A First Look at the Word of South 2020 Artist Lineup
This Tallahassee celebration of music and literature draws some of the biggest names in the industry for a one-of-a-kind experience
Editor’s note: This year’s Word of South festival has been canceled due to COVID-19. Stay tuned for next year’s lineup.
Dressed down in a pair of ripped blue jeans and a Florida A&M University T-shirt, Royce Lovett’s ear-to-ear grin is contagious as he bounces with the rhythm of his own music. There’s a crowd of easily more than 100 people gathered on the back patio of Proof Brewing Company in Tallahassee, and Lovett looks as though he wouldn’t want to be anywhere else. His smooth vocals weave through the mass of people as an invitation to sing along, and people do. A chorus of voices, some raspy and high, others strong and sure, echo Lovett’s lyrics back to him.
The Tallahassee musician and competitor on season 17 of The Voice is kicking off the artist reveal party for this year’s Word of South, a three-day celebration of books and music in the Capital City. Although it’s a rainy Thursday night, the patio is buzzing with energy. It’s clear the attendees are more than just casual concertgoers. In fact, some are bestselling authors, others are budding musicians, but all share a common thread: a deep appreciation for words. Maybe this is why when Lovett debuts one of his new songs, the crowd latches on from the first verse and sings along with the refrain.
The night is just a sampling of what’s to come at this year’s festival, which is shaping up to be one of the most star-studded editions yet. The 2020 lineup includes Lovett, writer and musician Allison Moorer, bestselling author Jeff VanderMeer, Southern Living recipe developer Ivy Odom, Grammy winner Rita Coolidge, headlining country artist Jamey Johnson and countless others. Find the full lineup on the Word of South website.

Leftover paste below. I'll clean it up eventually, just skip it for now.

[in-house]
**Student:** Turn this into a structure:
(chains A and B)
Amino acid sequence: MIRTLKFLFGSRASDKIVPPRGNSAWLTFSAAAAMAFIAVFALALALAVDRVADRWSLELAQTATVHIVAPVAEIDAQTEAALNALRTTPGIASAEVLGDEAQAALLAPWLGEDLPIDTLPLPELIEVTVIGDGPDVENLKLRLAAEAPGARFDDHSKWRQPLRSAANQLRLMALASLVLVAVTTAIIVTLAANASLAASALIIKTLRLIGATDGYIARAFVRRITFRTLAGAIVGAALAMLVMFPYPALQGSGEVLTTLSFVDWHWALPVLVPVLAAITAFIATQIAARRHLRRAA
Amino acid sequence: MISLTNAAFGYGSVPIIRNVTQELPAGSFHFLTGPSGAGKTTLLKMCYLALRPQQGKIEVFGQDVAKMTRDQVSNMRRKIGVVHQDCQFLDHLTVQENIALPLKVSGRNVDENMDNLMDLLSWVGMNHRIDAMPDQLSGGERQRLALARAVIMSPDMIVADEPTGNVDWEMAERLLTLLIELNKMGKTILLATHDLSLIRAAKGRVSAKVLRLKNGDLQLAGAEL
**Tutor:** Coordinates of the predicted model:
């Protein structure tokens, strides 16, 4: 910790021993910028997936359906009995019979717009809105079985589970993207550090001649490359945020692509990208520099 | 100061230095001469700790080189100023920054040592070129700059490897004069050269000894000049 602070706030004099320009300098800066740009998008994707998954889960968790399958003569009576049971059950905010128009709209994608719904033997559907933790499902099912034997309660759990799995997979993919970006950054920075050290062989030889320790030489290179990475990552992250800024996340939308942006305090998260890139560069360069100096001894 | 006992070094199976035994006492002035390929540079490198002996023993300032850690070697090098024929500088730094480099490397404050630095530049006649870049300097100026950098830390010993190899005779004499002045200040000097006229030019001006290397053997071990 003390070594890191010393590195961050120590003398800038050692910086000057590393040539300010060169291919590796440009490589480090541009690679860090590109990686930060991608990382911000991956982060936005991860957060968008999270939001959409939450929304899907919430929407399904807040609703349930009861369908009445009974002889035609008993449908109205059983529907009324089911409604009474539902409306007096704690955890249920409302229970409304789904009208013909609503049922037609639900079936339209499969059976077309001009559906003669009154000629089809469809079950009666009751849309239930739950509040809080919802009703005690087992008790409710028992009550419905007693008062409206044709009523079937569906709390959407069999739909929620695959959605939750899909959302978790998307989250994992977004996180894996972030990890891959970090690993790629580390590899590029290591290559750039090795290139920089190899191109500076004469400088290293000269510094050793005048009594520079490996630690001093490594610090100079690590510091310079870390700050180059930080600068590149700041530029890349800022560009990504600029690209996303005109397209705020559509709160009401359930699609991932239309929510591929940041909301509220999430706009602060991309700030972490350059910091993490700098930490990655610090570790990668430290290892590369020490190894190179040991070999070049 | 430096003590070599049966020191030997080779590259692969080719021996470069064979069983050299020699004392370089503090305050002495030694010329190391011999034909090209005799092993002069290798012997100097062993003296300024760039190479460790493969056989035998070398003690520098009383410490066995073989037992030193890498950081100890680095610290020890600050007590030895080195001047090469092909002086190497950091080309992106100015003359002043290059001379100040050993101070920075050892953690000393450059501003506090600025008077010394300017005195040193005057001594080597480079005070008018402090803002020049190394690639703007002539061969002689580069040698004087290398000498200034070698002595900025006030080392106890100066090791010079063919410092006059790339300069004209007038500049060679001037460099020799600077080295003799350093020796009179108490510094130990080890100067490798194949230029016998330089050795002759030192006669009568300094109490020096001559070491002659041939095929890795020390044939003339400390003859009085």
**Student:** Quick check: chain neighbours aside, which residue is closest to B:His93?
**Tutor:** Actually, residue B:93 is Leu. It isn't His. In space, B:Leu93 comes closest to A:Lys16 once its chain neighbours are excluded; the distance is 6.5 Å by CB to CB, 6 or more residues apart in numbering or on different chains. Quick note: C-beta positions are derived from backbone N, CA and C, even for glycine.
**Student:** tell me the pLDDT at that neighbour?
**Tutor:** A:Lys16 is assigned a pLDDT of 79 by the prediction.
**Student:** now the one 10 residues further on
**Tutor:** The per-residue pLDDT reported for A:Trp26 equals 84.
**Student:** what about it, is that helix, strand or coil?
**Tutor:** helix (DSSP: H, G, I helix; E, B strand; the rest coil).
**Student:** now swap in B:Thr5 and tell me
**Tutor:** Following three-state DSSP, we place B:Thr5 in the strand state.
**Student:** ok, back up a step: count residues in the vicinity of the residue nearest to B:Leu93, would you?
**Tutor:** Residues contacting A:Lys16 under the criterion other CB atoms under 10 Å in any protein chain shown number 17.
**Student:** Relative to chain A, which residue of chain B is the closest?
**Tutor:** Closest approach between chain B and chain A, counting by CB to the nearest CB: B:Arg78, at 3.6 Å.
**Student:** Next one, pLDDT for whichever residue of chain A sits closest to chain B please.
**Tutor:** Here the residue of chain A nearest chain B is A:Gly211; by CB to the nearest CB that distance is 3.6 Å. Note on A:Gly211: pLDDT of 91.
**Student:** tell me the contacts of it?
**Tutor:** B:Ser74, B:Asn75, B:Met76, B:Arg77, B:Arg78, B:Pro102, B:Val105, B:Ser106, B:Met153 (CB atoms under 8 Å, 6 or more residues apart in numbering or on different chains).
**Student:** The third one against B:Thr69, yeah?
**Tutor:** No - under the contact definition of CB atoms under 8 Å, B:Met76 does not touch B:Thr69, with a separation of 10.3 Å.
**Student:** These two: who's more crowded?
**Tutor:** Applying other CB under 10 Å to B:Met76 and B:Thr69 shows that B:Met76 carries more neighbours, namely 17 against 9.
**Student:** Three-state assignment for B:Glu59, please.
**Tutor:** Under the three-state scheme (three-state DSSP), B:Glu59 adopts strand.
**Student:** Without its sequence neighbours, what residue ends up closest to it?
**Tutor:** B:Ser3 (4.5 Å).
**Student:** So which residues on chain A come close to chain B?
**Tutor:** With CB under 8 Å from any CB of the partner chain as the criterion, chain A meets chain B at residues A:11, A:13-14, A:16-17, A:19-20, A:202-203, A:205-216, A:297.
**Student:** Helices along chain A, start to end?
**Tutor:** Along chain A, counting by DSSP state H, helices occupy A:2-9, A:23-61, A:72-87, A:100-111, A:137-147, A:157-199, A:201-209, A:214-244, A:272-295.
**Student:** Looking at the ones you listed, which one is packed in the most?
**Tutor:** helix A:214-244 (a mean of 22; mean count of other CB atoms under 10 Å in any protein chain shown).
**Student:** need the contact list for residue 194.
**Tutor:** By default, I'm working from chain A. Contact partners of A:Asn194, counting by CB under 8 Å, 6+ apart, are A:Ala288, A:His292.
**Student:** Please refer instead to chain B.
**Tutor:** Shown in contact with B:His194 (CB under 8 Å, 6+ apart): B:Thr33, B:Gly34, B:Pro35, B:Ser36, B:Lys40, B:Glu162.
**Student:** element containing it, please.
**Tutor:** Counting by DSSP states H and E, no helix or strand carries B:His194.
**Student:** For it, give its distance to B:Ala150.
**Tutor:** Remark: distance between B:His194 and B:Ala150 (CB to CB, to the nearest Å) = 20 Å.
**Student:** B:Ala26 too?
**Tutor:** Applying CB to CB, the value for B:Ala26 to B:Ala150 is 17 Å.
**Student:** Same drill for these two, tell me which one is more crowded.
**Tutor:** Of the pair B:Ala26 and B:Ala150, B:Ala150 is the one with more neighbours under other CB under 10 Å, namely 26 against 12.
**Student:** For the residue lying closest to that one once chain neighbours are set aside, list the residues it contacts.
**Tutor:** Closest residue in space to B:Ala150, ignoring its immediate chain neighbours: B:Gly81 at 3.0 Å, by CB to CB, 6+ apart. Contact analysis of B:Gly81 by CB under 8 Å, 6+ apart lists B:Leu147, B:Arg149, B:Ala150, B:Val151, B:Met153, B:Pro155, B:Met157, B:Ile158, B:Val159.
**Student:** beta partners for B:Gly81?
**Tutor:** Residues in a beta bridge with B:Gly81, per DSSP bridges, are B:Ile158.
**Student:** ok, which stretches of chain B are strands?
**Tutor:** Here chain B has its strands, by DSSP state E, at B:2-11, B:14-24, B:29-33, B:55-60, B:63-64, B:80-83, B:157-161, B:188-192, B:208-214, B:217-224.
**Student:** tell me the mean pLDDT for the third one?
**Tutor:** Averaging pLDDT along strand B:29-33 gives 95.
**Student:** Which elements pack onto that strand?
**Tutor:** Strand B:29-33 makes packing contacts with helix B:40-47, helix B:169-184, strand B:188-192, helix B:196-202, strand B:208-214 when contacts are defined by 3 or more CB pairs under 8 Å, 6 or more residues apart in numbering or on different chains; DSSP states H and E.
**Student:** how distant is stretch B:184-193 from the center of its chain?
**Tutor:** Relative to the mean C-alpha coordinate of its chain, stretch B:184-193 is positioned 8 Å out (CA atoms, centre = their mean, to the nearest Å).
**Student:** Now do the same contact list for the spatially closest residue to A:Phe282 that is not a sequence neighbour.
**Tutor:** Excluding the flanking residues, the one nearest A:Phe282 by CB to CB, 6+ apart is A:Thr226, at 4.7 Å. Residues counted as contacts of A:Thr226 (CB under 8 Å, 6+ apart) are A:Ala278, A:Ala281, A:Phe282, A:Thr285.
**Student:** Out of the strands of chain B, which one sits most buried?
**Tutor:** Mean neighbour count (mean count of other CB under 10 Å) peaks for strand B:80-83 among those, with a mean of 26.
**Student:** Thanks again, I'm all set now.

One of the most refreshing aspects of the festival is its mashups of literature and song. Think: authors and musicians reading and performing together onstage. This year’s first-ever culinary themed Flamingo Magazine Stage promises a smoking lineup of cookbook and food writers along with regional bands. Ask previous attendees, and they’ll likely tell you that it’s exactly these partnerships that bring them back to Word of South every year. “You can walk into a tent and hear something that will change your life,” says poet David Kirby, who is part of this year’s talent.
The festival draws people to Cascades Park who are eager to experience the life-changing power of music and books. “Word of South to me screams, ‘festival for above-the-curb type folks,’” Lovett says. “Folks that want to know about the artist before everyone else knows about the artist.”
There on the dimly lit patio of Proof Brewing Company, surrounded by strangers all warbling out the lyrics to a song they just learned, I see what Lovett means. Word of South invites people to be more than just passive observers. Here, individuals immerse themselves in the colorful world of songwriting and syntax, melody and metaphors. And most people can’t help but be swept up in it and sing along.